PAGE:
Tag: metamorphosis’

Summer Changelings

 - by KitchenPantryScientist

Summer surrounds us with science. We’ve been catching tadpoles and capturing caterpillars and releasing them as frogs and butterflies. It’s nothing short of amazing to watch these creatures move through a process called metamorphosis, which changes them from one form to a completely different one as they become adults. This is a great survival tactic, since the youngsters and adults live in different areas and eat different things, so they’re not completing for food or space!

You can look for monarch caterpillars on milkweed and swamp milkweed, which you see in the video above. Bring plenty of food home for them to eat as they grow (the plants you found them on.) Tiger Swallowtail Caterpillars prefer a diet of dill! If you have trouble finding caterpillars, plant some milkweed and other butterfly-friendly flowers in your garden! The monarch population is in trouble due to lack of milkweed, which once grew everywhere. Click here for more information raising Monarchs.

Monarch caterpillar preparing to form a chrysalis

Monarch caterpillar preparing to form a chrysalis


Newly-formed Monarch butterfly chrysalis

Newly-formed Monarch butterfly chrysalis

We caught tadpoles in a local fountain (with permission, of course) and brought them home to observe. When they became tiny toads, we released them in the same fountain where we caught them. Before catching tadpoles, check local regulations to make sure it’s allowed and ALWAYS return them to the exact spot where you caught them, to avoid the spread of deadly fungi and invasive species! If you can’t return them to the same spot, don’t bring them home! Keep them in water from the source where you caught the them, and never add tap water to their habitat, since chlorine will kill them. Be sure there is a rock for them to crawl onto when they become frogs or toads. They’ll eat water plants and algae from their original habitat, but you can also boil green lettuce in bottled water and chop it finely to feed your tadpole. Release them immediately when they hop out of the water, since it may be difficult to know what to feed them once they’re mature.


mature frog with nearly-mature tadpole in background

Butterfly Season

 - by KitchenPantryScientist


–noun, plural -ses 
  Biology. a profound change in form from one stage to the next in the life history of an organism, as from the caterpillar to the pupa and from the pupa to the adult butterfly

There are few things more magical than watching a caterpillar turn into a chrysalis and then a butterfly.   It’s the beginning of butterfly season, and soon you’ll be able to find monarch caterpillars on milkweed.  Just this morning, I spotted a Tiger Swallowtail butterfly by the lake.   Not only is it fascinating to observe metamorphosis, it is a great opportunity to create some fantastic artwork for your science notebook!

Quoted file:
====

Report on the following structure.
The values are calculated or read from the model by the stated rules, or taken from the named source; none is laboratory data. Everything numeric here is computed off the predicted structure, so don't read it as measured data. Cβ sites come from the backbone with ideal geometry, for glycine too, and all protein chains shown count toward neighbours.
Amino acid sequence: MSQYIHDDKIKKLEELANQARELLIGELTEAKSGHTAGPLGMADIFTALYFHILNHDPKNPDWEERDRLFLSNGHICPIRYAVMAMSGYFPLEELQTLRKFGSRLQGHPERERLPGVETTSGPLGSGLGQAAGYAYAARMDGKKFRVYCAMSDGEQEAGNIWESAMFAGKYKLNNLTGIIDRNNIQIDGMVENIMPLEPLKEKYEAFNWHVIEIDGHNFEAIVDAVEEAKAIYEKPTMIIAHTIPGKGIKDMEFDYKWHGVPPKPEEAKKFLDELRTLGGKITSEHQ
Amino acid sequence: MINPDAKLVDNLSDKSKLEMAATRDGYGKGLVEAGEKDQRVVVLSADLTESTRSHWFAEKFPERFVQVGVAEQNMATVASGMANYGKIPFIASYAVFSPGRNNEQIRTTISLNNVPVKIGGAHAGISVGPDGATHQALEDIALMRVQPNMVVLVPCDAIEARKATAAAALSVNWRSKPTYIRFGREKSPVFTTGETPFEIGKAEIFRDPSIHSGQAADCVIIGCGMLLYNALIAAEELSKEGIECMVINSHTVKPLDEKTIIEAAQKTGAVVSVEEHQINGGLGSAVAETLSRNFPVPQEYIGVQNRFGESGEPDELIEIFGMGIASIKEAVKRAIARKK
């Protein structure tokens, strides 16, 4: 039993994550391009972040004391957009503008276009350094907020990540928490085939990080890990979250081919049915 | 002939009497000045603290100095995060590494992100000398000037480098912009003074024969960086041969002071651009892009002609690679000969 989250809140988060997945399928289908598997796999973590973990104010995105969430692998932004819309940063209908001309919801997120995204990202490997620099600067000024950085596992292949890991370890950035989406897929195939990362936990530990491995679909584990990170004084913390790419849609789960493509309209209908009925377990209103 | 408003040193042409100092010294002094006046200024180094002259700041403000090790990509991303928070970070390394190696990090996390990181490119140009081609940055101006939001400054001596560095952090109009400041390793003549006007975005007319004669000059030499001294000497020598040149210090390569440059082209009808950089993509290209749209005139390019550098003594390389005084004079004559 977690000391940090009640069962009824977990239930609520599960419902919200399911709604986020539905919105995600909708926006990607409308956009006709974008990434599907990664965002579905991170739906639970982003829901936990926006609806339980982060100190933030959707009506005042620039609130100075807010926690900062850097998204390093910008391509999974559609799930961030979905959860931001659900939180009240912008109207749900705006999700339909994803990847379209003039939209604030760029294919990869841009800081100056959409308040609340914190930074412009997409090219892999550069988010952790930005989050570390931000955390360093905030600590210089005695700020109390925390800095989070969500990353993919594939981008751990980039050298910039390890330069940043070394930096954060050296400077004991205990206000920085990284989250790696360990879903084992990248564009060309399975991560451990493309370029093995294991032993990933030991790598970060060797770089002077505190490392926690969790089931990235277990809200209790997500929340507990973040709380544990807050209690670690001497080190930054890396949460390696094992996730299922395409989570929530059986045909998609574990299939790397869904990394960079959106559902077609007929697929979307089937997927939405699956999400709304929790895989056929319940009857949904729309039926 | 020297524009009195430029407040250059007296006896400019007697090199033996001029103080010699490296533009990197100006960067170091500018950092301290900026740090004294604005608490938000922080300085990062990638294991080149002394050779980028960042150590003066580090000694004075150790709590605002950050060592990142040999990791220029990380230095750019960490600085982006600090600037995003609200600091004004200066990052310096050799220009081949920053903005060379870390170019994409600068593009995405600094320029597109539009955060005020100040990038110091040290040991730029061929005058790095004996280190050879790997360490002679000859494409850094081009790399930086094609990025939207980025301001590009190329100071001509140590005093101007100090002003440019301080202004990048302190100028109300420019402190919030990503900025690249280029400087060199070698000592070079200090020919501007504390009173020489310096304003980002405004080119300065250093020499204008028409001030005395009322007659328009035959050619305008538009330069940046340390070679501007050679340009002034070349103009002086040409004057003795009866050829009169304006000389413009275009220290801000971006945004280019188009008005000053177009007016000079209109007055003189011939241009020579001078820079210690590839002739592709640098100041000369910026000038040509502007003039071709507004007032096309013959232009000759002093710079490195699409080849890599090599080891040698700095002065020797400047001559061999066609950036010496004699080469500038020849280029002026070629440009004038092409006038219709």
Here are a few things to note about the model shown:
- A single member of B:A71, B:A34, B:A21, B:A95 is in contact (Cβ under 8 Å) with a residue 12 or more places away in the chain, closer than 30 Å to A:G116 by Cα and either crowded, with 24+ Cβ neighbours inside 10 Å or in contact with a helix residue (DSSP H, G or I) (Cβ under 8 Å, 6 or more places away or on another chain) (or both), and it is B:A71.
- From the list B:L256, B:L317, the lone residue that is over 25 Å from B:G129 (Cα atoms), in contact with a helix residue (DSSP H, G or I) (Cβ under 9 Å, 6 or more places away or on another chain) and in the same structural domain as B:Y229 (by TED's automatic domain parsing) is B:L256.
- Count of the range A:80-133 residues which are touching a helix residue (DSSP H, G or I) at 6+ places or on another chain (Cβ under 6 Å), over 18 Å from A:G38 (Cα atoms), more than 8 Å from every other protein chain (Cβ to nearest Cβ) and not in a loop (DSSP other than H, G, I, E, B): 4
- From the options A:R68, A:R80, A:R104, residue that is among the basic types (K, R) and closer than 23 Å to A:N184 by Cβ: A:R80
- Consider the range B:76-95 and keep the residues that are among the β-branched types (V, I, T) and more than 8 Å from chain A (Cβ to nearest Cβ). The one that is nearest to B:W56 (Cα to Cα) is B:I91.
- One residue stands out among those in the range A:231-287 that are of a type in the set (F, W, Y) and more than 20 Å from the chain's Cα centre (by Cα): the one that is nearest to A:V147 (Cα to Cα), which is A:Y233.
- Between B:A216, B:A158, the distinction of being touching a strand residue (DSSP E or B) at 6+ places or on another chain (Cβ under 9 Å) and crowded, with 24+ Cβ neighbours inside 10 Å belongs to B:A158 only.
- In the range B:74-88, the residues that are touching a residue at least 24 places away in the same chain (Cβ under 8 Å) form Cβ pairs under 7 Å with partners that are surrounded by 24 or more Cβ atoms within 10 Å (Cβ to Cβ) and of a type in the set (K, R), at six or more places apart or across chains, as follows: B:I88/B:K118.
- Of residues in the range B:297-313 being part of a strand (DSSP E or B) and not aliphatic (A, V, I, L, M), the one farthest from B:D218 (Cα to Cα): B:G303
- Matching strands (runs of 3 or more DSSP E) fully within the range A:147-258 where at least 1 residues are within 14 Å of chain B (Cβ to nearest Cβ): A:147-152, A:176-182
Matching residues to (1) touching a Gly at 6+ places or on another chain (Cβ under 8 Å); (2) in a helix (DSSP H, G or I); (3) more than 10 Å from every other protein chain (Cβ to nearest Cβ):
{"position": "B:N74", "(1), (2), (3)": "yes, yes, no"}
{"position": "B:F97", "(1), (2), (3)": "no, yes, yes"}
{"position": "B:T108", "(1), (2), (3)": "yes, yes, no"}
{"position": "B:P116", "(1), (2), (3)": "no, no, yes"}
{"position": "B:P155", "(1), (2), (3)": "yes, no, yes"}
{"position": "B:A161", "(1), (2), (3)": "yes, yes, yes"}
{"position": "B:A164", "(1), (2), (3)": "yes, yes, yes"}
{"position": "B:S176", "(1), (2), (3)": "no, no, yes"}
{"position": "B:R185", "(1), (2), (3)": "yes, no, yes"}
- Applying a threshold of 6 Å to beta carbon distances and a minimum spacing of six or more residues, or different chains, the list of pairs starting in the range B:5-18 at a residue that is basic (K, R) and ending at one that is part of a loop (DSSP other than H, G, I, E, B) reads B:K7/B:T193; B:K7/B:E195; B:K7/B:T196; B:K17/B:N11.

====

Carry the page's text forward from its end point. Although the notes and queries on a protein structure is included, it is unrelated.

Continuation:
When the weeds in your area start to get big, take a trip to a park, or a farm, or even a weedy lot and search for some milkweed.  (See photo below.)  Look carefully on the plants, and there’s a good chance you’ll find a Monarch caterpillar like the one my daughter is watching at in the photo at the top of this page.  If you find another type of caterpillar, take whatever plant you find it on with you as food.  Carefully take the caterpillar and plenty of milkweed and place them in a large see-through container.  We used an old plastic pretzel container, but a large jar or Tupperware container would work too.   Just be sure to punch air holes!  I put the milkweed in a little vase with water to keep it alive, but a friend told me you can put the leaves between damp paper towels and keep them in the fridge, getting them out when you need fresh ones. 



Last year, I planted butterfly weed, a type of milkweed, in our garden in hopes of getting caterpillars right in our own backyard and it worked!  Just plant milkweed or other butterfly-friendly plants this spring and summer if you want a butterfly gardenof your own.  It’s a great way to help the butterfly population. Swallowtail caterpillars like dill and I’ve seen caterpillars in my parsley too!


Once you have your caterpillar, all you have to do is make sure it has plenty of leaves to eat.  Occasionally, you’ll have to dump out the caterpillar poop, of which there is a surprising amount.  Get out your science notebook or just some paper and draw the caterpillar and the milkweed.  When it is ready to form a chrysalis, the caterpillar will hang upside down and look like the letter J.  Draw the chrysalis, and finally, the beautiful  butterfly that emerges!   Keep track of how the caterpillar is growing and how long it spends as a crysallis before hatching.

A few years ago, my kids and I were lucky enough to see the caterpillar turn into a chrysalis.  It only takes a few seconds and is easy to miss, but it is truely amazing.  If you’re lucky and patient, you may see it too.  Here is a link to a short video showing what happens.  


There’s nothing quite like taking the lid off your butterfly house and watching a Monarch soar away into the sky.